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The Best Exercise for Diabetics

People with type 2 diabetes can lower their glucose levels more when they do both aerobic and weight training exercises than when they do just one or neither of these types of exercise. At least that’s according to a recent study in the Journal of the American Medical Association. Previously the best kind of exercise for diabetics was unclear. There is useful information here for both diabetics and non-diabetics.

The 9 month study was conducted by a team led by Dr. Timothy Church, who is director of preventive medicine research at the Pennington Biomedical Research Center in the Louisiana State University System. It examined 262 sedentary male and female patients with type 2 diabetes. Church measured glycated hemoglobin, an accepted measure of how well diabetics have controlled their blood sugar over the previous months. A lower reading is a better reading for a diabetic.

Aerobic and Anaerobic Exercise

The study’s aerobic exercise included moderate walking on a treadmill for about 150 minutes per week. The study’s resistance training consisted of leg, upper body, back, and abdominal exercises 3 days per week. The combined training included just 2 days of resistance training per week, in order to maintain a consistent total exercise time between all 3 groups. All groups spent about 140 minutes in total exercises time per week.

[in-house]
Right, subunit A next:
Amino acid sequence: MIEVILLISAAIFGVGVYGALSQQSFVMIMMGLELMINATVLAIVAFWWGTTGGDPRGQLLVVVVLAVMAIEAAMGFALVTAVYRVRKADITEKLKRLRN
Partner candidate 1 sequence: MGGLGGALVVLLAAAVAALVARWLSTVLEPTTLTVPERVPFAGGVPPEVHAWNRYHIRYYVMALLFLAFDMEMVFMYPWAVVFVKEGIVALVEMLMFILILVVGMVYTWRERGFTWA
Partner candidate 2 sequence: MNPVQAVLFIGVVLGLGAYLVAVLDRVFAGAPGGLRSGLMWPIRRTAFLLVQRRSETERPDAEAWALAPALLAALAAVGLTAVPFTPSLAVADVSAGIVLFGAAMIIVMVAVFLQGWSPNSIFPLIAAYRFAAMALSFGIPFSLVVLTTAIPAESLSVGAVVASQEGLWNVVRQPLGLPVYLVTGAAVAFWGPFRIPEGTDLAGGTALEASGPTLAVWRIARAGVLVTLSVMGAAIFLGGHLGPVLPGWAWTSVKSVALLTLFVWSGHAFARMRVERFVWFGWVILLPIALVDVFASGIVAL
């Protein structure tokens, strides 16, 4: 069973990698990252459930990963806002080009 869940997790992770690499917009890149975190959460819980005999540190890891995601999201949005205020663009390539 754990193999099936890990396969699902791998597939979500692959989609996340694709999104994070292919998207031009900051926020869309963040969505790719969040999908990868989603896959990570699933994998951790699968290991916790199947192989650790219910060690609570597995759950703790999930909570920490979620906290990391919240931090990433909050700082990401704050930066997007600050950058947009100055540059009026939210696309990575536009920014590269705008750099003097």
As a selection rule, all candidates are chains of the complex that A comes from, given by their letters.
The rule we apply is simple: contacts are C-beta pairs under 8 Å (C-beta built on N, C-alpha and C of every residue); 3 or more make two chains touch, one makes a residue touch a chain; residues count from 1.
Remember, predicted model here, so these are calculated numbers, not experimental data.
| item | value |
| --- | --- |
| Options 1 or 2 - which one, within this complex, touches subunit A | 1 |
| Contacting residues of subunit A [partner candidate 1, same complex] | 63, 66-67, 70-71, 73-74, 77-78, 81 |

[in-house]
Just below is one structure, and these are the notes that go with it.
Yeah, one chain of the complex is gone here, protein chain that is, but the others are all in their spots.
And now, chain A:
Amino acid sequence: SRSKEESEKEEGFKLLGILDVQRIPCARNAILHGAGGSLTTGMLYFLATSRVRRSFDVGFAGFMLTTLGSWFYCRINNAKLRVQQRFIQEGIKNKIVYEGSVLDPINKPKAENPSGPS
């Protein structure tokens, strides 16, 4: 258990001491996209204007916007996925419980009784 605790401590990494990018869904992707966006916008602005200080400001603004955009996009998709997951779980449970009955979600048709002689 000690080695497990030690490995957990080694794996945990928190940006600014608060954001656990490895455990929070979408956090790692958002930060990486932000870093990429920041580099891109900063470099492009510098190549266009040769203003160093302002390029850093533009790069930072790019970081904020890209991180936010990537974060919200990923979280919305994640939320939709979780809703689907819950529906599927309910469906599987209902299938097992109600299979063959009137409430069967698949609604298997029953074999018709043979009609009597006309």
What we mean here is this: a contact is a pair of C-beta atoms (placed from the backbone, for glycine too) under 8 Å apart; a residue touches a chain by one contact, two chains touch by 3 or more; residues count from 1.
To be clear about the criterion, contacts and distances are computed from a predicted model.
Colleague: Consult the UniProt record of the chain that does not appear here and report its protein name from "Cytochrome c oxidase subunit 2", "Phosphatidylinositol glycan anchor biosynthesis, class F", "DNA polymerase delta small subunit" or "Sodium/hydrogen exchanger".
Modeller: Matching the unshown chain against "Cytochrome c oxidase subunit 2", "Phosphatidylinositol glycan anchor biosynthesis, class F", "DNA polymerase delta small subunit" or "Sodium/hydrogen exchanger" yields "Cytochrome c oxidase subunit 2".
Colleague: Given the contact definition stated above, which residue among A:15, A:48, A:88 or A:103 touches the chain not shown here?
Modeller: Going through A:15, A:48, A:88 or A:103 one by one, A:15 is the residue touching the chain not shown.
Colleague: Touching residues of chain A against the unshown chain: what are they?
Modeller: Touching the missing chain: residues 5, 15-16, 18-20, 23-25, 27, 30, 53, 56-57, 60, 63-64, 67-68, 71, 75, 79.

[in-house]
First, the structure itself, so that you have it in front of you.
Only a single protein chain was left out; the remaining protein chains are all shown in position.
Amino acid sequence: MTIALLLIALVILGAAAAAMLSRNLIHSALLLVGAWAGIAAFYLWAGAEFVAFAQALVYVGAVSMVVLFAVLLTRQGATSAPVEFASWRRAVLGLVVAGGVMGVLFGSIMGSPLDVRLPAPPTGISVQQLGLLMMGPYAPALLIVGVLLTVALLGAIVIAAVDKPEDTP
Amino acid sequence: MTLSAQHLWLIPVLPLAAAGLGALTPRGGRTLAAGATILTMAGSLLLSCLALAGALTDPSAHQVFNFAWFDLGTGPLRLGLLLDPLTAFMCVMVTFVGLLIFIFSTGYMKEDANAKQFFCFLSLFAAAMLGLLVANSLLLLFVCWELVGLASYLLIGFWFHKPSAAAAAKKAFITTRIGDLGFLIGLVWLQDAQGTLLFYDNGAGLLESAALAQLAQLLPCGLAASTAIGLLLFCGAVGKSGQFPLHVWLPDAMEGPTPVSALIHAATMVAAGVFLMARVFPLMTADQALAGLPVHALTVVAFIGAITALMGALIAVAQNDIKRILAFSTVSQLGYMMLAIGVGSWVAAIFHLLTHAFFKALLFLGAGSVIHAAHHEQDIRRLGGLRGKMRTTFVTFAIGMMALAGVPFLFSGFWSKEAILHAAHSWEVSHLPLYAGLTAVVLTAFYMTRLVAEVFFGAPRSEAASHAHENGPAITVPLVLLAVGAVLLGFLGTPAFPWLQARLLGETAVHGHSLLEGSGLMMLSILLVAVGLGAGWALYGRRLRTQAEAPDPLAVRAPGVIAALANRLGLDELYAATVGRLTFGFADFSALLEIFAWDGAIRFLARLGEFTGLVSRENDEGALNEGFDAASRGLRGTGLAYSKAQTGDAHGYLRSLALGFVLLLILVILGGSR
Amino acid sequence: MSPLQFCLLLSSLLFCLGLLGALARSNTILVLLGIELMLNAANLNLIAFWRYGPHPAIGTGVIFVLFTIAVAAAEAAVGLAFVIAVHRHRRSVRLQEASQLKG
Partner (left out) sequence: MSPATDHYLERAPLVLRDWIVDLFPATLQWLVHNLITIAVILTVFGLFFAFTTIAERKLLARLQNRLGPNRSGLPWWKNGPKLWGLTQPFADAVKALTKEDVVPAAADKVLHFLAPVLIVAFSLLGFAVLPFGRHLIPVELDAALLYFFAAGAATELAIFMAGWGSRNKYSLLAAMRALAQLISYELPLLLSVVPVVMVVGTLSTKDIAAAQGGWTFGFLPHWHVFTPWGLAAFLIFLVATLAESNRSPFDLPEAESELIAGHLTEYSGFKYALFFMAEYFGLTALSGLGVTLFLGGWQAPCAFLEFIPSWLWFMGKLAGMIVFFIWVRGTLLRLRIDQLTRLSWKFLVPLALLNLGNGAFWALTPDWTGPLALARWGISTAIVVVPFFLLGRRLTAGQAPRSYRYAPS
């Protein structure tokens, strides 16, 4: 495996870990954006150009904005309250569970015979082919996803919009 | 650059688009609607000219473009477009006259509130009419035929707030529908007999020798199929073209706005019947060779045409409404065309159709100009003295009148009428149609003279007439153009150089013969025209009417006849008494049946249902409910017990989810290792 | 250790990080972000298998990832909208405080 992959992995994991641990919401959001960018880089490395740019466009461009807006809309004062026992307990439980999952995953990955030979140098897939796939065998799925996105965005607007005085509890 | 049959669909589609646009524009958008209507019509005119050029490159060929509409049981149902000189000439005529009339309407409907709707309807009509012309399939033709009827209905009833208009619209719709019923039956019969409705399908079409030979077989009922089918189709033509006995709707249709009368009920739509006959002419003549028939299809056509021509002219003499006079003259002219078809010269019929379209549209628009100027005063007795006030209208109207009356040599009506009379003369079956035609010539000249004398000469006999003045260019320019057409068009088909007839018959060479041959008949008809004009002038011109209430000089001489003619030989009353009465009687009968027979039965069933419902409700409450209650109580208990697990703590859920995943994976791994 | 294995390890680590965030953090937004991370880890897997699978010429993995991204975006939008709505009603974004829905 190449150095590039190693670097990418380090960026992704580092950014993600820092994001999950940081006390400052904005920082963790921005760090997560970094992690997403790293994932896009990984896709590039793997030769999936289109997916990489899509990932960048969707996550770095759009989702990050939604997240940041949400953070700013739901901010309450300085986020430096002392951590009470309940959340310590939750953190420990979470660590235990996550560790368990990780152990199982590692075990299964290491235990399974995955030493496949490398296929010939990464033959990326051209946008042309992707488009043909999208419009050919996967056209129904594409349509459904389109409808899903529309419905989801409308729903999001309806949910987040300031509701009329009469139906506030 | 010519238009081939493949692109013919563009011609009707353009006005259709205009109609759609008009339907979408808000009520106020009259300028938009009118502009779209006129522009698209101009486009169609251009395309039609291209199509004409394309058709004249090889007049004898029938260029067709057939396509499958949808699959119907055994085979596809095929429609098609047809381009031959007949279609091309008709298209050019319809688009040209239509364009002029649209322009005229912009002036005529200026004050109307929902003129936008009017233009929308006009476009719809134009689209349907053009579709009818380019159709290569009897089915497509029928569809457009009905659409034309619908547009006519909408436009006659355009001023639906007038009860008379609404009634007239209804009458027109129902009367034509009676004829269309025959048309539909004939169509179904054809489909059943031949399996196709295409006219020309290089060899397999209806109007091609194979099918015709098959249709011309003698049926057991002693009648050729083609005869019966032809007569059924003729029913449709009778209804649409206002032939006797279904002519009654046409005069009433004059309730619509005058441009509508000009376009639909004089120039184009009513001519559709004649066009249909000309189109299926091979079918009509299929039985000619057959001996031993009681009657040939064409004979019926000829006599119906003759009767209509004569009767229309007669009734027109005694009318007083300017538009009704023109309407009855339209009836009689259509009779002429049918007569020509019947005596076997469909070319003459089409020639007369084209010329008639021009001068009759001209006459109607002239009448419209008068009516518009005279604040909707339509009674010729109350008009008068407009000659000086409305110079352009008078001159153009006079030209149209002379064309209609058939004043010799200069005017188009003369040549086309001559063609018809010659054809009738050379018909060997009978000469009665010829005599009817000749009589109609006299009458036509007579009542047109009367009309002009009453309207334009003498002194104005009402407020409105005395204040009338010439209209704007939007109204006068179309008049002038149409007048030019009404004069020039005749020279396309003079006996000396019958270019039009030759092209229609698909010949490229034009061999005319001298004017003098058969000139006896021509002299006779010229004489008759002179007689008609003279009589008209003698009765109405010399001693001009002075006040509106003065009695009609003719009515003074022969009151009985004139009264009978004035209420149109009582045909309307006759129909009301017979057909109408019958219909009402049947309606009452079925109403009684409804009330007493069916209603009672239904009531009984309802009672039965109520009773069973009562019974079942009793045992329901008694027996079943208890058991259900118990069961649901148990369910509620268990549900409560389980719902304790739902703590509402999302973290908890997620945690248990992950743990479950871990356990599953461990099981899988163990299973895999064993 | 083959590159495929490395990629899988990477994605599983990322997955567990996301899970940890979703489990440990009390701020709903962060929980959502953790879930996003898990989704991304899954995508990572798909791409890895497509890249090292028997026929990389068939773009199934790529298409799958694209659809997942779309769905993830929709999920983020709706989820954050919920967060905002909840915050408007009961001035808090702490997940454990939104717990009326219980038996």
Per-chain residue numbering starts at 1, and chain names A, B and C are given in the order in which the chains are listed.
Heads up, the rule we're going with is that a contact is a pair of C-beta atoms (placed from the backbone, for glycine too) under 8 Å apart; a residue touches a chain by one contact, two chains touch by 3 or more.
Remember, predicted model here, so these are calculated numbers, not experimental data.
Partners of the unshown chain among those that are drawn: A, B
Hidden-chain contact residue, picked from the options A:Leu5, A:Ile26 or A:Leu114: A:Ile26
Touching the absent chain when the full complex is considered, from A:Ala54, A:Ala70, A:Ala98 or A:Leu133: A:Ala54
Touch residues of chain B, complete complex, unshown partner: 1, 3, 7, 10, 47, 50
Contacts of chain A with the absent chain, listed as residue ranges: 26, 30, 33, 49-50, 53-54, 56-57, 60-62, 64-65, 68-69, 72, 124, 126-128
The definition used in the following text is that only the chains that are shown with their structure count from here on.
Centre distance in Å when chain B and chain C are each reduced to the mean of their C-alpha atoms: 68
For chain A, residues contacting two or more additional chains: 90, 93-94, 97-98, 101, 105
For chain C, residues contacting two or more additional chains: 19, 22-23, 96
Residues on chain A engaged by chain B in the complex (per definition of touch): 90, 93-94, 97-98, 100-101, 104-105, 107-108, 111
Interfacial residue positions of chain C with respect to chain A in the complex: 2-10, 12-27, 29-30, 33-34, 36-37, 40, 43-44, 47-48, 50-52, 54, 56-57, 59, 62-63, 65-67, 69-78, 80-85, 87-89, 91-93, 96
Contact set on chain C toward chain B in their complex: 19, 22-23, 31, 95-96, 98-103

The study determined that, even though both aerobic and resistance training provided benefits in themselves, only the combination of the two kinds reduced the subjects’ levels of glycated hemoglobin. Moreover, the combination exercise group showed less need to up the dosages of the medications they used to control their diabetes. All of the groups reduced their waist measurements by 1.5 - 2.8 cm. Fat was reduced by 3 lbs in the resistance training group and 3.7 lbs in the combination group. However, only those in the combination group were significantly more likely than those in the control group to get to be able to reduce their glycated hemoglobin levels or hypoglycemic medication.

"We really thought that the walking group and the combination group would be similar, but the combination group was the only group that had significant improvement. They reduced their glycated hemoglobin levels, while also reducing the amount of diabetes medications," said Church, who is.

It has been well publicized that the prevalence of obesity and diabetes has increased dramatically. The lessons of the Church study are therefore relevant to everyone concerned with his health. The advice for avoiding diabetes is similar to that for treating it. That is often expressed as "lose weight, avoid simple carbohydrates, and exercise regularly." The Church study defines this exercise as both cardiovascular and weight training.


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